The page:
29 “[The New Jazz] sounded rich and full and vital, serene and joyful, beyond my optimum optimism during the weeks of organizing the concert. This was the way they wanted a jazz concert to go, these jazzmen said … The Stuff Smith Trio, and individual artists, Erroll Garner, Pearl Bailey, Don Byas, Robert Crum, were at peak form.” Ulanov, in View, March 1945.
30  Quoted in Barnett 1998, 126
31 Mercure, in Modern Music, vol. 22 no. 2, Jan-Feb 1945, pp. 139-141
32 Barnett 1998, p. 29
33 Barnett 1995, p. 121
34 The Billboard, “Vaudeville Reviews”. April 28th, 1945, p. 30
35 The Billboard, “Night Club Reviews”. May 19th, 1945, p. 30
36 Barnett, 1998, p. 58. Soundies were short films of musical pieces, similar to modern music videos. Music and film were recorded separately, enabling choreography and cinematic techniques. They were shown in jukebox-type machines. The first ones were made in 1940. Soundies had seen a decline in popularity since 1941, and the company would cease production in late 1946. See MacGillivray and Okuna, 2007.
37 The Billboard, “Off the Cuff”. February 9th, 1946, p. 36
38 The Billboard, “Night Club Reviews”. July 6th, 1946, p. 44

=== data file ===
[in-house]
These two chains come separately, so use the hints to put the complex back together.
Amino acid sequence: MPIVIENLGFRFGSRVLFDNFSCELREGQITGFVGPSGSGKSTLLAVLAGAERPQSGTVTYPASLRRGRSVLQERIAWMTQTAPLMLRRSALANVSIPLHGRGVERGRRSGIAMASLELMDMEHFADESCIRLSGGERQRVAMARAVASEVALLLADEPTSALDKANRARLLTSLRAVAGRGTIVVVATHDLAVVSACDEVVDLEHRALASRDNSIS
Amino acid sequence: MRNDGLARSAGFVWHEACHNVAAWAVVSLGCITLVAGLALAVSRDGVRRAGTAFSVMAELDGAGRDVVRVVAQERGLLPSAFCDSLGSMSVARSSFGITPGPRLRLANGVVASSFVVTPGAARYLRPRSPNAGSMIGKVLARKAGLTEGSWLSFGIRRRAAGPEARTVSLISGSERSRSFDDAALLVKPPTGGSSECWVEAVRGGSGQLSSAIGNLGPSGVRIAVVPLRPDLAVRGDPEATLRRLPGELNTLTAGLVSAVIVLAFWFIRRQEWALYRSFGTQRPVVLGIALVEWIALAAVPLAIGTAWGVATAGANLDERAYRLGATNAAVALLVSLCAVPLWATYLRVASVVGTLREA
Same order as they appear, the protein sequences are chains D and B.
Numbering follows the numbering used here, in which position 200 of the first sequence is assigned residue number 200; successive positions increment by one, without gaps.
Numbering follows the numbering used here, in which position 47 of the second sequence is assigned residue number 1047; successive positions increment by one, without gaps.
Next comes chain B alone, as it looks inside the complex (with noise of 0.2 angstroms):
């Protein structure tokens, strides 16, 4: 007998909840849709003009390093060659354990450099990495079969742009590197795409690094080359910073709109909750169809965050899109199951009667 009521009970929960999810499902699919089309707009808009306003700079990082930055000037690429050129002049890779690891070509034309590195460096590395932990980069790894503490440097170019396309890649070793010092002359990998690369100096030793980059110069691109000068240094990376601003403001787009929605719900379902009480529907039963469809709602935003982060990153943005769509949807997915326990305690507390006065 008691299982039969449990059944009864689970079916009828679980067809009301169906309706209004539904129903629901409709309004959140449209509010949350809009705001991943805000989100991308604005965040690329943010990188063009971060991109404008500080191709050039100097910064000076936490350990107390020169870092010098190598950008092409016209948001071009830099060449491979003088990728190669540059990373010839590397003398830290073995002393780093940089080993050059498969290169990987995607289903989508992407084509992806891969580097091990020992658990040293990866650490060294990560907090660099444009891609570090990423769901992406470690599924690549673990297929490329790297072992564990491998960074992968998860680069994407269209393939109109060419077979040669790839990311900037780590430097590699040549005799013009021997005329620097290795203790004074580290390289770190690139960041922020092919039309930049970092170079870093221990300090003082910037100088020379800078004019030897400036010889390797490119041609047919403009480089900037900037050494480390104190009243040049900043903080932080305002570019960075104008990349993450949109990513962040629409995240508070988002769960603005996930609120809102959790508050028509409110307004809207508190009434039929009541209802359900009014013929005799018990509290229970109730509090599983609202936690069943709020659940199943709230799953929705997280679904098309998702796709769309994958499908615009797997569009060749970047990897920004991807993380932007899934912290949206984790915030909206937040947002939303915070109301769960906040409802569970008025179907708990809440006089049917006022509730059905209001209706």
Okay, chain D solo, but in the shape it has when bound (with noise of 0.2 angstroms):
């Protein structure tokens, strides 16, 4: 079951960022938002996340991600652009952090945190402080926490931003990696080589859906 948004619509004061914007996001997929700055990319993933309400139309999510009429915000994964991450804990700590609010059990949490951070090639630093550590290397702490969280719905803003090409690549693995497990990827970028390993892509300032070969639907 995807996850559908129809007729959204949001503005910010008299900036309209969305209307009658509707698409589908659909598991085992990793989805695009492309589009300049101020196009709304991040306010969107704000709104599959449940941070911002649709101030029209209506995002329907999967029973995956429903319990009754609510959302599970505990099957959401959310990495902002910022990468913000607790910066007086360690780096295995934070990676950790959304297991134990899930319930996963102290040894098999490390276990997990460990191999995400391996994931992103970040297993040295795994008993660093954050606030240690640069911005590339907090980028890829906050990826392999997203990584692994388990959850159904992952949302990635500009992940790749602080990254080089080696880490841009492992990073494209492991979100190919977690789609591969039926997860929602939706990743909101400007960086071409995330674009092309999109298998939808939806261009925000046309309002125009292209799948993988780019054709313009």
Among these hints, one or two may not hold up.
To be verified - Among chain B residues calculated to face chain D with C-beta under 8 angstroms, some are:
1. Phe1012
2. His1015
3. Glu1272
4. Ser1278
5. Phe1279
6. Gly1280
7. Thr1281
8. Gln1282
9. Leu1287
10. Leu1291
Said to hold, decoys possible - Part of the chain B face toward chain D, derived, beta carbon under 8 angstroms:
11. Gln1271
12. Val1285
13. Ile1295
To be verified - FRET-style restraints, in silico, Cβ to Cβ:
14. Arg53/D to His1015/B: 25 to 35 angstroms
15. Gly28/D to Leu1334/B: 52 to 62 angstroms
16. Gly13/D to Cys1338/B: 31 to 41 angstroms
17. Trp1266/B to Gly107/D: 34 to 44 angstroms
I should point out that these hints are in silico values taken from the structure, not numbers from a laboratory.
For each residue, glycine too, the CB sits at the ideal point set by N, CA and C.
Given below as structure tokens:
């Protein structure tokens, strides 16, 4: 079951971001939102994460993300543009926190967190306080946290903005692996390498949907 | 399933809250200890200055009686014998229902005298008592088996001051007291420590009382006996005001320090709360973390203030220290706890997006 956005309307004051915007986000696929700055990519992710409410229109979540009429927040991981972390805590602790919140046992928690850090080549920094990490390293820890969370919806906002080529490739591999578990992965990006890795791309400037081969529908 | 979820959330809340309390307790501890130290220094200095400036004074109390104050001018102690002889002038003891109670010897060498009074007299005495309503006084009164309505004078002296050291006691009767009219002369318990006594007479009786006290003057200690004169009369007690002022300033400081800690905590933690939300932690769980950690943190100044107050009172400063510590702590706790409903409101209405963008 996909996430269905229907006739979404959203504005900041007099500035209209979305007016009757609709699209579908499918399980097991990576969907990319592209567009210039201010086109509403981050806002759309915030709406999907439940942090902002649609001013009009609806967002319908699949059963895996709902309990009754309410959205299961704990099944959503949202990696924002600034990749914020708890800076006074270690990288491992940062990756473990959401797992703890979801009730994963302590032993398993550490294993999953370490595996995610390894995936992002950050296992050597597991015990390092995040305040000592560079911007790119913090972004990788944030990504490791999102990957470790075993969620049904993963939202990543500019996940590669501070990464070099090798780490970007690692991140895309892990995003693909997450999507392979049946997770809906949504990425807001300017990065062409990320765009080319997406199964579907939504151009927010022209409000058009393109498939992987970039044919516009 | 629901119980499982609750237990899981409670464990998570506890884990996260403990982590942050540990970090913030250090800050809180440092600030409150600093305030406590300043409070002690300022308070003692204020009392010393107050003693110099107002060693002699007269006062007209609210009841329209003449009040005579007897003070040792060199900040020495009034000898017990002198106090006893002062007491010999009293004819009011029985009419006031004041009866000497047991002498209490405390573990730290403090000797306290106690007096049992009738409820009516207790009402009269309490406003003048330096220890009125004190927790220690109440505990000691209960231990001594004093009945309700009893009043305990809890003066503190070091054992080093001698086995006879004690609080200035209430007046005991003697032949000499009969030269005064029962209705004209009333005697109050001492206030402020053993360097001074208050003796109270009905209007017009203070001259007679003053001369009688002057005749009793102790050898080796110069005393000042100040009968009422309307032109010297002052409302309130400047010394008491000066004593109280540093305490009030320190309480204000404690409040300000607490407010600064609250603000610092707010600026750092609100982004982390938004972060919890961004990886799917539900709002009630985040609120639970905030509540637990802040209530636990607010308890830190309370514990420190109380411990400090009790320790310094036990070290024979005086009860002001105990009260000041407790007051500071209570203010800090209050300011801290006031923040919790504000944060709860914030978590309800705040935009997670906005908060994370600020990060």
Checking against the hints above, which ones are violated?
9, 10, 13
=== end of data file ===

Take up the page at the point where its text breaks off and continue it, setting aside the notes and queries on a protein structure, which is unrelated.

39 The Billboard, “Music – As Written”. July 27th, 1946, p. 22
40 The Billboard, “In Short”. September 28th, 1946, p. 38
41 Campbell & Pruter. “Gold Seal” Available at http://hubcap.clemson.edu/~campber/goldseal.html Accessed on 15 July 2012.
42 The Billboard, “WNEW Has Flock Of New Shows To Start After January”. December 21st, 1946, p. 8
43 The Billboard, “Music – As Written”. November 8th, 1947, p. 22
44 Barnett, 2002
45 Taylor, p. 228
46 Rosenkrantz, 178
47 Barnett 1998, 22
48 Barnett 1995, 273-274

Wednesday, June 19, 2013

Free Improvisation Series: Robert Crum (part one)


Well, it's been a while since I've posted an update. I've been hard at work, finishing a master's degree, planning various recording projects, and a whole mess of other business. Here's a two-part attempt at a more complete picture of Robert Crum, the mysterious boogie woogie piano player.

Robert Crum (Nov. 29th, 1915 – May 1981) was born in Pittsburgh, PA. He studied classical piano there, as well as in Paris. In the 1930's lived in Chicago, IL where he took lessons from Meade Lux Lewis1 and began playing at small clubs, where he made about $35 a week.2 By January 1943 he was working as the afternoon pianist at Elmer's Cocktail Lounge, where Dorothy Donegan had also recently worked.3

Advertisement for the Hotel Sherman, ca. 1945